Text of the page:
About Last Night: Women need to make assertiveness and self-respect the norm

Q: My mum and I have always stood up for ourselves. Mum will not hesitate to object if someone skips a queue. I will speak up if there is an issue with my meal. We don't go about looking for problems, or being rude to people, but the initial response from others is usually, "Oh no, don't make a fuss!" Surely being comfortable about standing up for yourself is a skill all women need so that they can react appropriately to prejudice, inappropriate touch, and injustice?

A: I agree. If we want tomorrow's women to be confident, decisive, and able to ask for what they want, we need to teach them how to be assertive. We must stop rewarding little girls for being biddable, and self-effacing. The squeaky wheel gets the oil, so, squeak up, girls!

Being assertive takes practice.Credit:actian.warden

It goes without saying that patriarchal and misogynist cultures in work, sport, and politics must change, and boys need to be educated, validated, and supported when they make these changes.

Women need to be encouraged to challenge and reject the patriarchal messages that they have internalised. Chief among these unhelpful instincts is the "rabbit in the spotlight" reaction to a perceived threat, the belief that if you make yourself very small, stay still, and attempt to detach from an unpleasant situation, it will go away. Rabbits get shot.

The squeaky wheel gets the oil, so, squeak up, girls!

It is important to differentiate between assertiveness and aggression. Being assertive is a constructive way to handle difficult people, achieve your goals, and solve problems. It differs from aggression because it involves a constructive and polite attitude. Aggression involves speaking rashly, insulting people, and not paying attention to the other's point of view.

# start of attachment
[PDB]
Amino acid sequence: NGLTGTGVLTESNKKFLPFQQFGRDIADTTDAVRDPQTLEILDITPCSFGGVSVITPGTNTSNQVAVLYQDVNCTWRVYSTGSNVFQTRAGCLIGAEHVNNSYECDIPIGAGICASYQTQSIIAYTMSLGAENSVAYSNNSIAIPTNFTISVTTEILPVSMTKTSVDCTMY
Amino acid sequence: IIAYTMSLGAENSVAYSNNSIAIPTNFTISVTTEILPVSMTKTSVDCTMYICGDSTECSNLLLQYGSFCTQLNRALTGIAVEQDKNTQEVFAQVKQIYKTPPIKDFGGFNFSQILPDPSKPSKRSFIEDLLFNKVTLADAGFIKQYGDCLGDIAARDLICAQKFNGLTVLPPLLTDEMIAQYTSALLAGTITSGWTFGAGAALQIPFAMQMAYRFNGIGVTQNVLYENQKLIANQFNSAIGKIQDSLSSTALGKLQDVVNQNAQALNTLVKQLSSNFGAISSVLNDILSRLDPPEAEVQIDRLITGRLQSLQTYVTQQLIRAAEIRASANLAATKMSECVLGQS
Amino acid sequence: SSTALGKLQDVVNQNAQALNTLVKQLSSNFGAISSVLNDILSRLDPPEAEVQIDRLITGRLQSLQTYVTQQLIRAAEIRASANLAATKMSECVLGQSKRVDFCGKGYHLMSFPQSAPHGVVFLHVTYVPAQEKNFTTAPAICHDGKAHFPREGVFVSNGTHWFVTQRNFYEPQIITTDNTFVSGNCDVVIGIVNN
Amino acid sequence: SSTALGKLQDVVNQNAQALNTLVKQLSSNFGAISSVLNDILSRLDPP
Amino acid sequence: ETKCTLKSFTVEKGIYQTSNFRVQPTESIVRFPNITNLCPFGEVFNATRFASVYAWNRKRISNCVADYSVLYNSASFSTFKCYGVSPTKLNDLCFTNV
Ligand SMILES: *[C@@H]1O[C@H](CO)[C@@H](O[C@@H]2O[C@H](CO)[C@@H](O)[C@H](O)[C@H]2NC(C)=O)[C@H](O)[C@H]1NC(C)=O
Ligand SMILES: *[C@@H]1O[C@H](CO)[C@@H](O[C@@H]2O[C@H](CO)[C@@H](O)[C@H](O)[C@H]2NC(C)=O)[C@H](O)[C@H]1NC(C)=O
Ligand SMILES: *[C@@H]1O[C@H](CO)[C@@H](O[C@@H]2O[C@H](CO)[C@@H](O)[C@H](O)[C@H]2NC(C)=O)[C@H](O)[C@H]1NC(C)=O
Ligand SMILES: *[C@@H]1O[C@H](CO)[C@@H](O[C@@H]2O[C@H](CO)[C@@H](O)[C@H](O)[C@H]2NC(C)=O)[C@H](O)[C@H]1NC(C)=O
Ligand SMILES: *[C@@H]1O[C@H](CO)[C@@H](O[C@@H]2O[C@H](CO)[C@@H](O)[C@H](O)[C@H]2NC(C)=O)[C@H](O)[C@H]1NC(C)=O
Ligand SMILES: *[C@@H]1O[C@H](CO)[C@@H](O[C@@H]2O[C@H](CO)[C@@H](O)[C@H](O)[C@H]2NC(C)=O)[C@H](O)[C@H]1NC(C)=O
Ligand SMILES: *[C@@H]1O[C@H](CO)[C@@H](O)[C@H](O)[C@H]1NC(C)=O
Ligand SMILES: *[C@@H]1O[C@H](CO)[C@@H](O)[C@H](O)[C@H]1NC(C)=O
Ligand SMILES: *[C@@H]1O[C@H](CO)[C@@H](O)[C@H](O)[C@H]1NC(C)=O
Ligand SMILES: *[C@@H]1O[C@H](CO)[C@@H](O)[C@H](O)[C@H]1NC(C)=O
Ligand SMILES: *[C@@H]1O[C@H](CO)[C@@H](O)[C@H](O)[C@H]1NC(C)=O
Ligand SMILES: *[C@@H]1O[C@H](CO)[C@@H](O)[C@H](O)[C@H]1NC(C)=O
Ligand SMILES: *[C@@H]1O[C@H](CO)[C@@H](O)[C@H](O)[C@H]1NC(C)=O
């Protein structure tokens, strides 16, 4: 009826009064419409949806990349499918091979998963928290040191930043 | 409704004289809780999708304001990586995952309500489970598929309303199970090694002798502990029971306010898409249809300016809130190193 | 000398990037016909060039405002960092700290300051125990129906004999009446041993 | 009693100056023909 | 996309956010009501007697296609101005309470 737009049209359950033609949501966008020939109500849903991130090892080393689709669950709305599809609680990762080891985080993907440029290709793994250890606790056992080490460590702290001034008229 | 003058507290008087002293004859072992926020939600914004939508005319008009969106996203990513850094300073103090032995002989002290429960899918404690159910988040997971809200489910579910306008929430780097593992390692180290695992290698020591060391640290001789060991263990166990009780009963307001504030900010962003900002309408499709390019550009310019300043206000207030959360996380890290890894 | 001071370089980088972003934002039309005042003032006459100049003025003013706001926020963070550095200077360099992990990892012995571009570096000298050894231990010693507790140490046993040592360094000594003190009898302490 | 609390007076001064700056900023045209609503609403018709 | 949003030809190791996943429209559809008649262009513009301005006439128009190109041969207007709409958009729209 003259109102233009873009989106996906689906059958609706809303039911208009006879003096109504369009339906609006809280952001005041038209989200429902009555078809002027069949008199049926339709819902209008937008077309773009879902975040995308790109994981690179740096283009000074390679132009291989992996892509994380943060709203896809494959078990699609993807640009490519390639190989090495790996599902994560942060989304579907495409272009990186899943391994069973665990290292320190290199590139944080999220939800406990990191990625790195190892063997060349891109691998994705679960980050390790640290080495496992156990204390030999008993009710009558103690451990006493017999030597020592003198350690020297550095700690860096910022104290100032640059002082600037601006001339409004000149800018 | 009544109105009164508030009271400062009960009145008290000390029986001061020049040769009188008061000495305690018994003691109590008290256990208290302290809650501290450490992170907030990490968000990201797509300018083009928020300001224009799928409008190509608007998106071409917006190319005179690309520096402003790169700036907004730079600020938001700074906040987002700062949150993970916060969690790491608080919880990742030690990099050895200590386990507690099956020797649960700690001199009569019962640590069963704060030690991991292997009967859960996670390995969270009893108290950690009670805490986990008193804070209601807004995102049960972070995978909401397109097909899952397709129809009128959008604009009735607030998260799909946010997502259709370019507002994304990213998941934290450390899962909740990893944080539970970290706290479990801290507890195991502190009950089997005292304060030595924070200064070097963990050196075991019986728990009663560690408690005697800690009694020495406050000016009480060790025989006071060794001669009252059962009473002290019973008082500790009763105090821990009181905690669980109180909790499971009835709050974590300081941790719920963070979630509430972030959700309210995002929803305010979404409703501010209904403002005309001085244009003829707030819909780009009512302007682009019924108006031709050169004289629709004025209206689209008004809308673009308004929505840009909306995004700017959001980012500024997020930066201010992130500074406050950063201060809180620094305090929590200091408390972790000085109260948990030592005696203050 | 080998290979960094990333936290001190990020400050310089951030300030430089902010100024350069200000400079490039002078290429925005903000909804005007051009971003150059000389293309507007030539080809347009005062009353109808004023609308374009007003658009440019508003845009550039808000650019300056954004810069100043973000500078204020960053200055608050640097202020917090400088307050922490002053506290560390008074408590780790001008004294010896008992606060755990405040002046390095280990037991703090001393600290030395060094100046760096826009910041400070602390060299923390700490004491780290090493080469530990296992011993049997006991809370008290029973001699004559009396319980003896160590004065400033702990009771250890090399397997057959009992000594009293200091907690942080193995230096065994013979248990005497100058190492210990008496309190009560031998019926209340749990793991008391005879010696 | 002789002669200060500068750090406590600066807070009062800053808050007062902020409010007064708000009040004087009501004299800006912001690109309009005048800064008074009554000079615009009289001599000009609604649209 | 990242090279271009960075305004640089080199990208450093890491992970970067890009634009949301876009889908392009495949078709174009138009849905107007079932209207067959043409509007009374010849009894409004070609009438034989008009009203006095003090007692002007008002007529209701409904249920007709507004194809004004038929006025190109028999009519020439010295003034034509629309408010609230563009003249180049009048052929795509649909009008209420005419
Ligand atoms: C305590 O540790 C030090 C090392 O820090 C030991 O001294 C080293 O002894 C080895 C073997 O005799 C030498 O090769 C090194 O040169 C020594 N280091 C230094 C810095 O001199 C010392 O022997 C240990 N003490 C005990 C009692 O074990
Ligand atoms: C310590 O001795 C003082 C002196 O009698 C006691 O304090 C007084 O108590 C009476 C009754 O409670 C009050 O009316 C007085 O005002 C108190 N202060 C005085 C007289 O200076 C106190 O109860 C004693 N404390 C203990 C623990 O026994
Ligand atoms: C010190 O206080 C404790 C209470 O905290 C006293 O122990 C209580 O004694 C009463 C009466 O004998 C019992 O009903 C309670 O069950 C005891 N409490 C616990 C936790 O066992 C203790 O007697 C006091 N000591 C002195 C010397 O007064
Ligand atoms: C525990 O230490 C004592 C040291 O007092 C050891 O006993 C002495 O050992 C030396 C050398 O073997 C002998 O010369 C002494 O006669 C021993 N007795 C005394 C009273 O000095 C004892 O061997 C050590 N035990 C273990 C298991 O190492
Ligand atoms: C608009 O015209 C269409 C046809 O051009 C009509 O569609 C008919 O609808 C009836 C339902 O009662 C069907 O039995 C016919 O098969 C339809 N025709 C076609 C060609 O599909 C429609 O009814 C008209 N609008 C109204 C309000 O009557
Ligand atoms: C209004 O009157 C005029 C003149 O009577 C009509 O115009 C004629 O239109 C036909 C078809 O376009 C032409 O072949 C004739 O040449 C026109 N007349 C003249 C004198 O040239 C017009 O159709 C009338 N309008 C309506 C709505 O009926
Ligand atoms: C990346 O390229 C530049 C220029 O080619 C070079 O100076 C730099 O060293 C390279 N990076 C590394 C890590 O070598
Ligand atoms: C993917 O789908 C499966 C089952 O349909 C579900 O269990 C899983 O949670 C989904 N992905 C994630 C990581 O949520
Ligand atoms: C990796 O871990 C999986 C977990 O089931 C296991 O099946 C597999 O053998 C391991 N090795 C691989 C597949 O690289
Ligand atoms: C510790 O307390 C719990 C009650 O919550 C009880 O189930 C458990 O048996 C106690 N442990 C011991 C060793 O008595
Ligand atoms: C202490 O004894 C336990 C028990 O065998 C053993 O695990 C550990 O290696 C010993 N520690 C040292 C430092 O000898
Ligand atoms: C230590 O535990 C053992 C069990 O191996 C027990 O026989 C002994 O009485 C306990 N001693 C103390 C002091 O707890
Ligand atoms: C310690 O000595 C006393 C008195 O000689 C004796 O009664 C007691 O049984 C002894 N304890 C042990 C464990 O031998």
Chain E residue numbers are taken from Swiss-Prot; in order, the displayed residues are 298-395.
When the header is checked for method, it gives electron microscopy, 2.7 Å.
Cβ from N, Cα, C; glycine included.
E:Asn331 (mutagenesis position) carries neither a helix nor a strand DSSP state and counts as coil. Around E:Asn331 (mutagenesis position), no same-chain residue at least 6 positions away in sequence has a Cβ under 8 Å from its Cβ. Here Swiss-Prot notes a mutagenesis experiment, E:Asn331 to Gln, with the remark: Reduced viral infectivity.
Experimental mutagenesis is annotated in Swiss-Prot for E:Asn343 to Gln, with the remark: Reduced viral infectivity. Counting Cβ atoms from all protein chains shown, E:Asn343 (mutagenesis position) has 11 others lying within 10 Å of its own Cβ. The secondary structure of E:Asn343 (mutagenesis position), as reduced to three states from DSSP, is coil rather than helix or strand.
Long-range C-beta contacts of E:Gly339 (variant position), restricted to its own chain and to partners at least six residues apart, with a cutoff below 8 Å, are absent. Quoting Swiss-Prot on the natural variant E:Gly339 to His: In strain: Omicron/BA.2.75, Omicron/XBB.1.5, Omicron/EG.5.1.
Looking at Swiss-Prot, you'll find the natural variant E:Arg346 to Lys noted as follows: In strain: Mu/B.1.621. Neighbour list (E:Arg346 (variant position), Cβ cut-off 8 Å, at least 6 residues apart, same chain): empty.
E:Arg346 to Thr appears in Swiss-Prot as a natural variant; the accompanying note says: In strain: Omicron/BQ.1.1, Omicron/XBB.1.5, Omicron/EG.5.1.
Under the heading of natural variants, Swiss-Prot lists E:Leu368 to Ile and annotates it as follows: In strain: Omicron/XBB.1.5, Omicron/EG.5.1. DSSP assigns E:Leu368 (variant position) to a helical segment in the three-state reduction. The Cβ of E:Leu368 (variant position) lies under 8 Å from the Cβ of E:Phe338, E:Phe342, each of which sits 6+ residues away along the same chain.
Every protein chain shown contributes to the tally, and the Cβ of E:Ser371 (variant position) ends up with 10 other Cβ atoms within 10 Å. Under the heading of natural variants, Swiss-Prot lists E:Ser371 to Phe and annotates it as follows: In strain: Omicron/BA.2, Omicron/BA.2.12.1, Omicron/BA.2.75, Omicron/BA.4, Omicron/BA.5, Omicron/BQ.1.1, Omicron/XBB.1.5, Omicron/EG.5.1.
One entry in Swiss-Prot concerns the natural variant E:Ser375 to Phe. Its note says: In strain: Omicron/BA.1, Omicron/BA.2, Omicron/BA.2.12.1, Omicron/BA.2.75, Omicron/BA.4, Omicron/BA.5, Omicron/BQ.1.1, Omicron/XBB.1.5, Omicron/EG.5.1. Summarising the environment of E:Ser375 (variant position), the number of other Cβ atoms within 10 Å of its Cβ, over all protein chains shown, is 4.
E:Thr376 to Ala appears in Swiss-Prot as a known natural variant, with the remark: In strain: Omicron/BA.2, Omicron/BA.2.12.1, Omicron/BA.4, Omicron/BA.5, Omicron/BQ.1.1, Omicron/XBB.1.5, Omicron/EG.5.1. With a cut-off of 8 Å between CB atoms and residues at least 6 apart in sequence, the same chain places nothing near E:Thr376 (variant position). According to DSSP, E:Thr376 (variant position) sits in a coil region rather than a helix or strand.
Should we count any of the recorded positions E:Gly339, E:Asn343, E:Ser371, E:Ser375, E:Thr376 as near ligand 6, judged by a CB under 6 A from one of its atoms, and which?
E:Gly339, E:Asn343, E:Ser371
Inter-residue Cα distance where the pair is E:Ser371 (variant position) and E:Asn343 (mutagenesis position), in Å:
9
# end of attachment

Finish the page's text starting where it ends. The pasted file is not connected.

Aggression, both active and passive, is what comes after freezing. The cornered creature has to get extremely frightened and angry in order to fight back, but by that time emotion has taken over, often on both sides, and what transpires does little to defuse or resolve the conflict, or promote clear communication about the underlying situation.

Many of the sexual harassment cases that have been in the news lately have involved competent, professional, well-educated women, who say things like: "He rubbed my back/kissed me/touched my breast … and I just froze. Afterwards I was very distressed/had to go and see mum and dad/hoarded it as a long-term trauma, but did nothing about it".

This mystifies many people.

I am not victim blaming here. Historically, women have been at an enormous disadvantage. Usually, there was a power imbalance. Systems have not been strong enough to allow complaints, while protecting the complainant. Privacy and anonymity were not protected, and gossip further damaged the victim, especially with the rise of social media. It is scary to be the pioneer of change.

Some people recommend self-defence training for girls to build confidence in their ability to protect themselves from violence. This is a great idea, but we need to be careful not to fill their minds with fear, or cause them to expect to be victimised.

Becoming comfortable about being assertive takes practice. This is why women need to be encouraged to speak up in a variety of situations, so that it becomes second nature.

When a problem arises, take a deep breath, and pause a moment to gather your thoughts, and calm your emotions. Try to achieve a lightness of touch, smile, or use disarming humour in your initial response, and use "I" statements when you speak, such as: "I feel uncomfortable when you touch me."

In most cases, that will be enough, especially if there are witnesses. You will have made your point without the person losing face. If they persist, firmly warn them that you are prepared to make a complaint.

The fear that prevents many women from asserting their wishes is that they will lose their job, fail to get promoted, or become the subject of spiteful gossip. These are reasonable fears, but doing nothing will not protect you. As we have seen in recent, well-publicised cases, victims have lived with pain and anger for decades.

It will take time to solve these issues, but assertiveness, and self-respect can become the norm.

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